A slightly more passive approach that does not immediately involve HR or Legal (incl. external lawyers) and gives you a chance to gather documentation is to delay your action on the task (not refuse it directly) and when the manager follows-up with you on it simply state:
Sorry, I forgot about it in the midst of XYZ. Can you send me an email so I don't forget? Please and thank you.
This way you have it in writing, for documentation purposes (I would print some hard copies of it as well, just for CYA sake). This also might have the manager rethink the order (i.e. he/she got the subtle hint that you are not going to do something ethically questionable or otherwise illegal without it being traceable back to him/her) and just forget/ask someone else. If he/she is disturbed by the fact that you are asking for an email/written documentation then simply and very politely and calmly say:
I sincerely apologize for any trouble or misunderstanding about this, but I just do not feel comfortable with this request and would like to get your boss's and HR/Legal's approval on this because it may be in violation of XYZ laws. (Then head to HR/Legal and/or the manager's boss's office immediately because odds are the manager is going to flex his/her management muscles).
Once either of those outcomes happen, I would consult the HR Director, or equivalent, and note that such a request was made and provide any documentation you have about the request. This way there is a record made to the legal representatives of the company for future questions or incidents. You can then submit a separate letter, or speak to the HR person directly, about your stance on the request and why, if, how, etc. it should have been/or be handled in the future (if you so desire).
This way, you have written documentation of the request and your due diligence in contacting the appropriate parties at the company if push comes to shove later on. With this, you could say that you did everything a reasonable person would have done in the same or similar circumstances and had no reason to believe the request was out of the ordinary/required further attention after consulting HR/Legal on the matter.
Disclaimer: This is NOT legal advice or any substitute thereof. Consult a professionally qualified attorney for actual legal advice. I take no responsibility for any results you may or may not incur because of my advice.
Best of luck with this issue.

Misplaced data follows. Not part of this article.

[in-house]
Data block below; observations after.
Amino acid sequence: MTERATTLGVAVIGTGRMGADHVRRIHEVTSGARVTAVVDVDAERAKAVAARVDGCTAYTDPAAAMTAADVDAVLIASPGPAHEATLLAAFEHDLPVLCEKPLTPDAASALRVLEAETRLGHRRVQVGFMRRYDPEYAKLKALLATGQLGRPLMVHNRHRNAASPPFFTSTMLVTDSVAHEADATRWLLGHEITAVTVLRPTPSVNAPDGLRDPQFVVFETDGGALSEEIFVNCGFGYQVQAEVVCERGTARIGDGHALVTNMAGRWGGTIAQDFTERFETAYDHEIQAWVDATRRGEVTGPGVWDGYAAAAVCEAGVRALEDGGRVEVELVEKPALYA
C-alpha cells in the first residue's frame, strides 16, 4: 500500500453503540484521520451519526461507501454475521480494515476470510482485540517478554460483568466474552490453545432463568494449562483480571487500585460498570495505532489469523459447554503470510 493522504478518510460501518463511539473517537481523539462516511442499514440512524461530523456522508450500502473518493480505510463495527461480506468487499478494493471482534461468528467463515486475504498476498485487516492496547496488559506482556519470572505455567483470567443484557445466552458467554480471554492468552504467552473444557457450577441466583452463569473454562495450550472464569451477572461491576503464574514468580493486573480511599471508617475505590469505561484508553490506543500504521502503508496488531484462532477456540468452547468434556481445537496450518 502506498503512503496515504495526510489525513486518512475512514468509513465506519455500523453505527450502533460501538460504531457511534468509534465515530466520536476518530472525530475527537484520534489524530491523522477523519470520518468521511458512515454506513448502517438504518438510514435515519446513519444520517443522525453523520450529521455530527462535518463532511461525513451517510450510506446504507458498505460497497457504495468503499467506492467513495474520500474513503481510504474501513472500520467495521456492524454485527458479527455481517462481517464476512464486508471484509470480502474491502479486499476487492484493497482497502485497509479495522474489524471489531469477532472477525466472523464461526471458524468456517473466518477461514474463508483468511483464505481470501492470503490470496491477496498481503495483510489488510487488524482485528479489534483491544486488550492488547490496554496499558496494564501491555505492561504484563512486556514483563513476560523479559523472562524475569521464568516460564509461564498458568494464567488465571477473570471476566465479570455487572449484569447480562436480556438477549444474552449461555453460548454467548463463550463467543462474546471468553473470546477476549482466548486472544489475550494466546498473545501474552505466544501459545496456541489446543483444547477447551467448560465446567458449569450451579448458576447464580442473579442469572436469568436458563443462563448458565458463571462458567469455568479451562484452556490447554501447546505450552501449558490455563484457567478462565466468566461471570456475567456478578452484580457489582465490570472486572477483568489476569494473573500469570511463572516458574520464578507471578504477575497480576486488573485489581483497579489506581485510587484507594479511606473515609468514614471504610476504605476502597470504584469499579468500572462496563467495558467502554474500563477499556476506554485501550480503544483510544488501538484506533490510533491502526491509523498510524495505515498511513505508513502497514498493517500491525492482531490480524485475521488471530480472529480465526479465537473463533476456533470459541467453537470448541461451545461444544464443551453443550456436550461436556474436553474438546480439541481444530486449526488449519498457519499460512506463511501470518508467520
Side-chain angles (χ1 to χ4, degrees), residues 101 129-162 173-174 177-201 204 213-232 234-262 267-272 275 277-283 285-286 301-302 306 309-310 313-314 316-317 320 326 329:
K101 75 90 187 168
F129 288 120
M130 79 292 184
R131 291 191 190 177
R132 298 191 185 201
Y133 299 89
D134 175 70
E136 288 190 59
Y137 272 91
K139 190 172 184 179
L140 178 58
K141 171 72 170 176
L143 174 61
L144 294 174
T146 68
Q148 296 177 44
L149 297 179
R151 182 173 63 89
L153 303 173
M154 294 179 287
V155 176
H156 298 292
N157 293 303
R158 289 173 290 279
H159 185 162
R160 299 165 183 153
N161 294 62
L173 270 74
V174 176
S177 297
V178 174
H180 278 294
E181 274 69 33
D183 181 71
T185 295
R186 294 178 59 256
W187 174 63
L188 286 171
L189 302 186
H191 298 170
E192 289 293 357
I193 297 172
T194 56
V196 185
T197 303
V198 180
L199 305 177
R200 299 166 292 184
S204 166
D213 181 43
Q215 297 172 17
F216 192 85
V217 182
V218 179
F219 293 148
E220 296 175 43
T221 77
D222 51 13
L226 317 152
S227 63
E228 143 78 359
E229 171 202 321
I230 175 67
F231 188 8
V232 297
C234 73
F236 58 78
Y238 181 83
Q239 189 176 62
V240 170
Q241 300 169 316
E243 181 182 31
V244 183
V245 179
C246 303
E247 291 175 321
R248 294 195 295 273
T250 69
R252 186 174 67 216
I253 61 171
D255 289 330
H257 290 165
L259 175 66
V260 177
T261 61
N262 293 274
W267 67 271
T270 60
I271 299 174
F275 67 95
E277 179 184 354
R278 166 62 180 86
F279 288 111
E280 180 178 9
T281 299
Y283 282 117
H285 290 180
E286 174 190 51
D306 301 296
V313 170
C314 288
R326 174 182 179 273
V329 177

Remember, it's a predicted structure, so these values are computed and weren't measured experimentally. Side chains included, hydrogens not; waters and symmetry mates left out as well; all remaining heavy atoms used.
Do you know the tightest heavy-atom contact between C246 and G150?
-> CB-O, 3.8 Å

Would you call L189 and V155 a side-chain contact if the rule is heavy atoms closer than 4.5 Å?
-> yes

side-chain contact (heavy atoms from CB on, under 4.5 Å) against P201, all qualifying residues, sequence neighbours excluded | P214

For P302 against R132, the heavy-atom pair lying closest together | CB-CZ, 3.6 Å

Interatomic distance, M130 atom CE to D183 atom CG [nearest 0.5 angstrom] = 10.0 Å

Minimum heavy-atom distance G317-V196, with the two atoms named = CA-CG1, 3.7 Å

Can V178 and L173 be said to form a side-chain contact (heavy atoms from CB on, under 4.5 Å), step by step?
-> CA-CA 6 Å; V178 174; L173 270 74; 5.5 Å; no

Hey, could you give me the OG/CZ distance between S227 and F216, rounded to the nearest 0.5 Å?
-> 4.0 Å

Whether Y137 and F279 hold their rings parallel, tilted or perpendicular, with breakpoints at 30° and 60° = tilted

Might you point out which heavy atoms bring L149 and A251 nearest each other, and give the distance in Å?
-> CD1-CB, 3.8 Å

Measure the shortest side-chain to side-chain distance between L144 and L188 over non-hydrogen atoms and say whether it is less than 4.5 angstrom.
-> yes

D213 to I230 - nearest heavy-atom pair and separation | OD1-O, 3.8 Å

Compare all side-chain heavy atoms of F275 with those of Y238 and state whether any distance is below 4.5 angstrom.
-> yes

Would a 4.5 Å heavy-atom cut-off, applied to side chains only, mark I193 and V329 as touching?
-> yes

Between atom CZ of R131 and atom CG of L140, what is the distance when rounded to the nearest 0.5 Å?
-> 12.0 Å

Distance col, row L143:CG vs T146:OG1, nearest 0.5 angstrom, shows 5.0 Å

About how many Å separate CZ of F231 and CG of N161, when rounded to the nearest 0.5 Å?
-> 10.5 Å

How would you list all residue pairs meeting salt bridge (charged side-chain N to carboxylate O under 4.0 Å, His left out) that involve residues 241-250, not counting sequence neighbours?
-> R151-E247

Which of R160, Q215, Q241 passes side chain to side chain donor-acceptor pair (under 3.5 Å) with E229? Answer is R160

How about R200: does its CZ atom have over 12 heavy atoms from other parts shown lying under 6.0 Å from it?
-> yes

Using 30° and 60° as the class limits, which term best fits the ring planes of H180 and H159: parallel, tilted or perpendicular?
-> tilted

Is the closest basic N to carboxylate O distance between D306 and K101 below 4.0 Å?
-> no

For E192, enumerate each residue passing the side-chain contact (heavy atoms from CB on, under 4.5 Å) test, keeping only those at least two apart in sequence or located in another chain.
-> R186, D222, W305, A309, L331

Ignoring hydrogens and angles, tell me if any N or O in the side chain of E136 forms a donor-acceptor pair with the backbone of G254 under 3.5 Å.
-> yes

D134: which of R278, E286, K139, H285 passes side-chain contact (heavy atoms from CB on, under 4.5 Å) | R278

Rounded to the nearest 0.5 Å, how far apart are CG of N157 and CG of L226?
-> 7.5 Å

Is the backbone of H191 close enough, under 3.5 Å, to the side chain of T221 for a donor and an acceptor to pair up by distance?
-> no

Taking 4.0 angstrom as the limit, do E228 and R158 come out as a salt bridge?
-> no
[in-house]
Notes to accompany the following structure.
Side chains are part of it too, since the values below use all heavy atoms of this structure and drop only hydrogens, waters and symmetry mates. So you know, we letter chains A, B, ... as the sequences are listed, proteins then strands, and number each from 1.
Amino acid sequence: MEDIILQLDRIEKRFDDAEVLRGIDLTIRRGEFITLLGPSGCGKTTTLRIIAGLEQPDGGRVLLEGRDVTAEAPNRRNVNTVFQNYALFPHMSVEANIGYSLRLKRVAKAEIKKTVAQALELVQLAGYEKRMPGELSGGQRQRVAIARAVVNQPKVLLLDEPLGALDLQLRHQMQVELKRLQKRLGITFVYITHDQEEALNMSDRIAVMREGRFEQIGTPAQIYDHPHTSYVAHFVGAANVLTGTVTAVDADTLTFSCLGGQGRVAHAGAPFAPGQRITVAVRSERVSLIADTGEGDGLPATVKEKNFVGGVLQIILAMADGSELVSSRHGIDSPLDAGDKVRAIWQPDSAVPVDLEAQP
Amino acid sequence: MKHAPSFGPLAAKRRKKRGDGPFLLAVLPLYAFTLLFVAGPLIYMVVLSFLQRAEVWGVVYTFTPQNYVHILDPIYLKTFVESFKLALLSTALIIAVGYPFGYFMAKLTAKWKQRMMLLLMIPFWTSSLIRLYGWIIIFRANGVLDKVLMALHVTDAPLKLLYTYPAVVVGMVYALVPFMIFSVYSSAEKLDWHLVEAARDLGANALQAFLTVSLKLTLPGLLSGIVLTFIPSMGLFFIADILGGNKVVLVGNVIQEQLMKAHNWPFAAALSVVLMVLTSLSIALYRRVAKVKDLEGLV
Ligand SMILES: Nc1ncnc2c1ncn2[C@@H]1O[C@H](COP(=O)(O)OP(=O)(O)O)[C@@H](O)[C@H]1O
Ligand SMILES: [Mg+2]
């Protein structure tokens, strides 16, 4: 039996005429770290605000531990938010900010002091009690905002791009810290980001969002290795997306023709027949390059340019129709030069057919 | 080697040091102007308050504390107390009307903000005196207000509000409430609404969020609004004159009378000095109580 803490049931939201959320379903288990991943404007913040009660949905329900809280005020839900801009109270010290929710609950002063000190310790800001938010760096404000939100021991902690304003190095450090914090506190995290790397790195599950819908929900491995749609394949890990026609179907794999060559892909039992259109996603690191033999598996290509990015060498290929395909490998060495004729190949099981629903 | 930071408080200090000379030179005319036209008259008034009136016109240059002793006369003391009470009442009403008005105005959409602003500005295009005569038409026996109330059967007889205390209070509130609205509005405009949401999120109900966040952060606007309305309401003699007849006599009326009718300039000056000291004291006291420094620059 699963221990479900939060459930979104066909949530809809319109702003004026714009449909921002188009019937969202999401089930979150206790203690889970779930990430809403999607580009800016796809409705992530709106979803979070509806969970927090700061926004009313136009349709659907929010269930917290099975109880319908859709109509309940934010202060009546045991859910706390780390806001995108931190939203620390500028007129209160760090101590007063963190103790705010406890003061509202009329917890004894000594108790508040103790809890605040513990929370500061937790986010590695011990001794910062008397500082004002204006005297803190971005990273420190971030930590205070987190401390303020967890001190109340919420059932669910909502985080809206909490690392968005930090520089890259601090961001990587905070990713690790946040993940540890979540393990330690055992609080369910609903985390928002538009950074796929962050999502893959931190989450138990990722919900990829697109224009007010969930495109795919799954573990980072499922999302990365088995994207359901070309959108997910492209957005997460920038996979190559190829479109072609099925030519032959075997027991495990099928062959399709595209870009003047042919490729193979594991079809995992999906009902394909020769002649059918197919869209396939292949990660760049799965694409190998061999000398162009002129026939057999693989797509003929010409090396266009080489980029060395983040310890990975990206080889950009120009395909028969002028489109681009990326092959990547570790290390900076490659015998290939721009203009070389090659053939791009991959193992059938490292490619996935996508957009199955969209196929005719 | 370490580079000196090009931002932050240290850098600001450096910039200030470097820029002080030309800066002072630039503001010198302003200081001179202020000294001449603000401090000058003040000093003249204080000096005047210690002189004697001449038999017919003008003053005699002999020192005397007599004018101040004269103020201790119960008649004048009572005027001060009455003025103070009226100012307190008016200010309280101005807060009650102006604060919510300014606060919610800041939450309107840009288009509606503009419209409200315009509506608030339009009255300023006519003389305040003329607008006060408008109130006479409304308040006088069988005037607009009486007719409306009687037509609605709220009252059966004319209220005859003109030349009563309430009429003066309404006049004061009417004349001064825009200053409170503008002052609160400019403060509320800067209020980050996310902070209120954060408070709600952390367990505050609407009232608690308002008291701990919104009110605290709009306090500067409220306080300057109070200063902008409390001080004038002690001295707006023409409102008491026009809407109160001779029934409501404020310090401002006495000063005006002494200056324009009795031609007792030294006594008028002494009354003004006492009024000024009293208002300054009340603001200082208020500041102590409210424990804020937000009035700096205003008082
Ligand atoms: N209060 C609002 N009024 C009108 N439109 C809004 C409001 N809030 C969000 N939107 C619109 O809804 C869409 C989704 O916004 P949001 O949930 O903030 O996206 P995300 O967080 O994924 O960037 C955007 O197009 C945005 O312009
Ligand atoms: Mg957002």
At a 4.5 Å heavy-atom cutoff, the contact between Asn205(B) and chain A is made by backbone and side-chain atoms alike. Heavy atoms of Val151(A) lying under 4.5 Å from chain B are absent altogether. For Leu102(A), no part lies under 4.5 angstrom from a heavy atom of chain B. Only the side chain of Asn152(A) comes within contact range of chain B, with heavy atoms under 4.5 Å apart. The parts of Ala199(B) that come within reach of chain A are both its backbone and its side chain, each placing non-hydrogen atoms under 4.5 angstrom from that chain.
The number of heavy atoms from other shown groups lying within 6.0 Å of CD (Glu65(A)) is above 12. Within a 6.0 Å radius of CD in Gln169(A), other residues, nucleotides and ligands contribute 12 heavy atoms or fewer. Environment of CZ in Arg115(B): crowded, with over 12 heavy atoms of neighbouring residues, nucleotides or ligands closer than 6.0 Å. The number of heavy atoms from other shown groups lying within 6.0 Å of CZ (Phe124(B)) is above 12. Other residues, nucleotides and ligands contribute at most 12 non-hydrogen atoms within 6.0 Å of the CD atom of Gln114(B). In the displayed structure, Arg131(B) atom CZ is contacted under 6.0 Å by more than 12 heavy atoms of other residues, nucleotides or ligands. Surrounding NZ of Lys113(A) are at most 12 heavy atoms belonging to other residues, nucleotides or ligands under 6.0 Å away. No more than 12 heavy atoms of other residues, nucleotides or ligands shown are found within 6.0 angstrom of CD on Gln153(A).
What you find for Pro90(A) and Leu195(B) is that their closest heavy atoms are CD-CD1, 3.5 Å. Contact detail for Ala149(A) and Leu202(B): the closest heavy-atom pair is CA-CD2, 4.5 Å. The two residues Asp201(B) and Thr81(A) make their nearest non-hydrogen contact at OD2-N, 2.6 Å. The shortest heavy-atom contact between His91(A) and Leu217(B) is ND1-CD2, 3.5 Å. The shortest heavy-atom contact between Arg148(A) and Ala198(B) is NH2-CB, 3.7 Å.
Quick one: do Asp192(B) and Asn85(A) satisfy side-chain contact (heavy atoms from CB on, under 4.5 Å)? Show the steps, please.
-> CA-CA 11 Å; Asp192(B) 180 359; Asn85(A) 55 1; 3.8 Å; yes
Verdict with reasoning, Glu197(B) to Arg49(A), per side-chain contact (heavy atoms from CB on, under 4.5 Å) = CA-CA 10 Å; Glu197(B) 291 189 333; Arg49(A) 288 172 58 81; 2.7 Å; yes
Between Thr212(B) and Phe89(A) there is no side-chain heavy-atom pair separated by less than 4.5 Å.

With the additional information provided, there are some more points to consider:
1) Your boss is the founder of the company
Ok, so this is very important. While yes, being the founder does give him certain privileges that are otherwise unobtainable, it does not completely exempt him from responsibility or repercussions because of his actions. Without going into legal reasonings, there are factors such as employee moral, workload, efficiency, and costs associated with replacing/firing/laying off (or equivalent in Germany) employees. Do not think he is "untouchable" or "has no superior" ... that would be the public or internal employees / managers that would note such actions.
2) You do not want to do something illegal or get fired for insubordination
Sadly, you must make a choice about the issue. You cannot hold it in limbo forever, or much longer for that matter. Yes, the possibility of being let go is real, but depending on your relationship with the boss, work ethic, history at the company, etc., it is probably not likely if you are a good employee. If you feel that the request makes you uneasy then simply do not do it. Integrity is more important than money to many employers in many instances. Employers respect integrity and the willingness to stand-up and voicing concerns about an issue versus being a silent submitting "yes" man. If you have a family, then you might need to consider the financial idea of not having employment for sometime (however, you did not provide this information). You can easily reframe the firing into a positive in an interview by stating that "I was asked to do something potentially illegal and hurtful to the company as a whole and decided on the most ethical and legal action that was best for the company as a whole: voice my concern about the request and its legality".
Again, I wish you the best of luck and hope for the best.